Median survival was improved in the HCC group undergoing combination therapy compared to locoregional therapy, with median OS being 13 months for combination and 8 months for locoregional therapy, 1-year OS rates of 57.3% and 7.3% respectively, and 2-year OS rates of 26.7% and 7.3% respectively (p = 0.029). Median distant PFS in combination and locoregional were 8 and 4 months, with 1-year distant PFS rates of 0% and 21.8%, respectively (p = 0.040). Differences in local PFS rates were not significant (p = 0.949, 28.6% in combination group and 14.5% in locoregional group).

For patients with ICC, differences in OS were not significant; median OS was 9 months for combination and 8 months for locoregional therapy, 1-year OS rates of 33.3% and 44.3% respectively and 2-year OS rates of 25% and 8.3% respectively (p = 0.546). Median distant PFS in combination and locoregional groups were 8 and 4 months, with 1-year distant PFS rates of 14.1% and 0%, respectively (p = 0.021). Similar to HCC groups, differences in local PFS rates were not significant (p = 0.394, 16% in combination group and 27.5% in locoregional group). The authors mention that 28.6% of ICC patients and an unspecified number HCC in their respective combination groups did not receive locoregional therapy and dropped out of the study due to progression or withdrawal of consent, prompting a protocol analysis. The results of the protocol analysis were reported as consistent with the intention-to-treat (ITT) analysis.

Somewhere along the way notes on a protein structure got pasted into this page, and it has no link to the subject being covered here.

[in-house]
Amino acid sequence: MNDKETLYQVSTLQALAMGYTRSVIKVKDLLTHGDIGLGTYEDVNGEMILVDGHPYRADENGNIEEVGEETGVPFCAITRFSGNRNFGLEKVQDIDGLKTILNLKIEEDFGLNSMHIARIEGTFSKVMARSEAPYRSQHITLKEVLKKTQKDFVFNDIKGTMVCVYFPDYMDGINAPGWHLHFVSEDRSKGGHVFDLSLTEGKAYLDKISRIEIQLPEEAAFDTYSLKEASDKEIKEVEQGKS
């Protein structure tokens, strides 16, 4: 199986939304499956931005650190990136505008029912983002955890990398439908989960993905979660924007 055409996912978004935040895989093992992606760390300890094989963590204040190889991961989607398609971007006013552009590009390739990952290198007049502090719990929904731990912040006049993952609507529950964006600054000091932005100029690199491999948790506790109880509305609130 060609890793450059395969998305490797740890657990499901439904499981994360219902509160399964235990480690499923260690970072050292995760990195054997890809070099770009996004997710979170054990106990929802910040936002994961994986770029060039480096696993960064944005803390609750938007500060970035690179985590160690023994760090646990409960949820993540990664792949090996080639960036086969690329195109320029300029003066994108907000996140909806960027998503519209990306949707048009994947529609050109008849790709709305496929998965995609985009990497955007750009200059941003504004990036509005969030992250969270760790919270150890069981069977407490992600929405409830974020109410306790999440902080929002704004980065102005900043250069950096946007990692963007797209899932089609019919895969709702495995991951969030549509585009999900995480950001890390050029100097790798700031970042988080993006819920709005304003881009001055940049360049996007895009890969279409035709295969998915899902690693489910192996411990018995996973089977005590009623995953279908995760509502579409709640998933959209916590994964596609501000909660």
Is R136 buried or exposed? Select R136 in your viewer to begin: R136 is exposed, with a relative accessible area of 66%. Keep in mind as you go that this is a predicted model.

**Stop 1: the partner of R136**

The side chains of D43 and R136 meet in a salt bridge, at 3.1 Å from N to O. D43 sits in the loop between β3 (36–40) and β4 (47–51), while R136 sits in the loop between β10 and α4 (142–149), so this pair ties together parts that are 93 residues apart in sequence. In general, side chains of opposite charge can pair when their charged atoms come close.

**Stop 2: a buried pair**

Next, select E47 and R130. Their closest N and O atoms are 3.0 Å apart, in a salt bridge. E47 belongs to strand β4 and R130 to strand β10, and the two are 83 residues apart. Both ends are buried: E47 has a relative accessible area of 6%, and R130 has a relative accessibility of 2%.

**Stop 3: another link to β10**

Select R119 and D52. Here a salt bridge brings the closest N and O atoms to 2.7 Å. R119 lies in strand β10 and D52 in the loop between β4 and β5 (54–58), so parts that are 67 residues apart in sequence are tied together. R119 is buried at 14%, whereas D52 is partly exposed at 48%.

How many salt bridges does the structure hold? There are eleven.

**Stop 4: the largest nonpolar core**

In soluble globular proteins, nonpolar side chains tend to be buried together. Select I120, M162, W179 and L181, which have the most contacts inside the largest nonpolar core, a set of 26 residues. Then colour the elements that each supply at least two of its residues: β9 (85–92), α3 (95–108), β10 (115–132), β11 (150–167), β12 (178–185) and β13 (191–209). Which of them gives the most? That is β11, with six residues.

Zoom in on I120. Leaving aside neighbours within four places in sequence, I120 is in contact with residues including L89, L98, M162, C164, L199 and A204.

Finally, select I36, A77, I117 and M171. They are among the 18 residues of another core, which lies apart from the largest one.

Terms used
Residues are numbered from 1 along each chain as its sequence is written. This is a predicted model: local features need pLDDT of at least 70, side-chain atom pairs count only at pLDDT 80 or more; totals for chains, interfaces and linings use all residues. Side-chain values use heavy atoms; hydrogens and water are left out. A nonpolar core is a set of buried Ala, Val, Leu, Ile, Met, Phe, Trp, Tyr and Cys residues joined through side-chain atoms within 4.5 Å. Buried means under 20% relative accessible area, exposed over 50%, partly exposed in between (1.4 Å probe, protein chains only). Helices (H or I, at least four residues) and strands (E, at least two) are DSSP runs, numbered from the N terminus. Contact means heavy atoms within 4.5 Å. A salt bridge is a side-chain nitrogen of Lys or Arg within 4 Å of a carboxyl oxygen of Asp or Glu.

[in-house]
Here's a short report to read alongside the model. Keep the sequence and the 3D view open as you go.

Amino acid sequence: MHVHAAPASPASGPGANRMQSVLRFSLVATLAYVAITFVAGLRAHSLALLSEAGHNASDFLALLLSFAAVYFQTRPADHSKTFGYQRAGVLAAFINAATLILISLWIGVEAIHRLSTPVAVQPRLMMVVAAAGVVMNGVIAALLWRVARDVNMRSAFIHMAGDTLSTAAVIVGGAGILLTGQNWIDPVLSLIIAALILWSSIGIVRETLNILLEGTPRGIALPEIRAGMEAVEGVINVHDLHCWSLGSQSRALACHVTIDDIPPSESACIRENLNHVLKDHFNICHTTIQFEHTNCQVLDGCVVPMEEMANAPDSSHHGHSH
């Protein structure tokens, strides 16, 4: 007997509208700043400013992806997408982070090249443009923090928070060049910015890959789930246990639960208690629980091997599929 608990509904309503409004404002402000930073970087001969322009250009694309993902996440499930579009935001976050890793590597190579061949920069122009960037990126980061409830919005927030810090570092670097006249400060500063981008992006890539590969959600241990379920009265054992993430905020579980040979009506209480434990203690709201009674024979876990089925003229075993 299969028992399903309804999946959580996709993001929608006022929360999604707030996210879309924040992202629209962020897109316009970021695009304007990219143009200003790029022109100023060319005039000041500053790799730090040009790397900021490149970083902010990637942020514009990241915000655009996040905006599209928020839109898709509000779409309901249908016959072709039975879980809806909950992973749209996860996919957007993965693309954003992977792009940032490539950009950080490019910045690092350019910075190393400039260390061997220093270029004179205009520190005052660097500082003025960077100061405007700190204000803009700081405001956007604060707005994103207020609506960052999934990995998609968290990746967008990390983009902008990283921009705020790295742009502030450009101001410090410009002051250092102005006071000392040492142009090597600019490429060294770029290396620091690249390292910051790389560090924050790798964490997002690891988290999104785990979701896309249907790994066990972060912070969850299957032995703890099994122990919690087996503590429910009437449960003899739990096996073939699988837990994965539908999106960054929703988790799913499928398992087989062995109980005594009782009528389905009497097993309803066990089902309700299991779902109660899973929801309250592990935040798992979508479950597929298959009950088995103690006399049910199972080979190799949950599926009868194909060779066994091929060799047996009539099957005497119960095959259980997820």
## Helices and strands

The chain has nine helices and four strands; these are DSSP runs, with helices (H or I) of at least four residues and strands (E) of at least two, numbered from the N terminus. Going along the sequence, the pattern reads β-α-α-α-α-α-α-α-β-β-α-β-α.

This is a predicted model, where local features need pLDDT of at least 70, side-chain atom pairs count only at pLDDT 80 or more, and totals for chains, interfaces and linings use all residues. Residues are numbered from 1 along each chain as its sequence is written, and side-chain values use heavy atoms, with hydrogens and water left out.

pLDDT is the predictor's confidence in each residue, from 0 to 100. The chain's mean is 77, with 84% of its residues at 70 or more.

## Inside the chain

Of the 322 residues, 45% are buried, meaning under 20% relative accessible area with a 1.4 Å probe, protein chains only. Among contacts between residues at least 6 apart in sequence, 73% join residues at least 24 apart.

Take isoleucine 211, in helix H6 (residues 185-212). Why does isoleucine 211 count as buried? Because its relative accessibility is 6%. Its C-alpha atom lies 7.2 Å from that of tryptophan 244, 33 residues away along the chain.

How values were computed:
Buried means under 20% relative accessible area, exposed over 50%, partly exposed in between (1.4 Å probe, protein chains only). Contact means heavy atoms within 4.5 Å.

AFP decreased in all groups, with a more pronounced drop in the combined treatment groups (HCC: p = 0.046, ICC: p = 0.028). Change in CA-19-9 was not significantly different between the experimental and control groups. CTCs decreased in all groups, but was more pronounced in the combined treatment groups (HCC: p = 0.035, ICC: p = 0.003). ECOG PS improvements were also statistically significant in both combined treatment groups (HCC: p = 0.039, ICC: p = 0.007), whereas the locoregional groups did not significantly change after treatment.

No severe adverse events occurred during this study. Only grade 1 and 2 events were reported, with most being grade 1 (least significant). These included fever, nausea, thrombocytopenia, arrhythmia, hemothorax, pneumothorax, pleural effusion, and fatigue. The majority of these were grade 1 and all adverse events were resolved spontaneously or with symptomatic treatment. Most events were associated with locoregional therapy, and there was no significant difference in incidence between the two groups. There was no significant difference in lab markers for hepatic or renal function.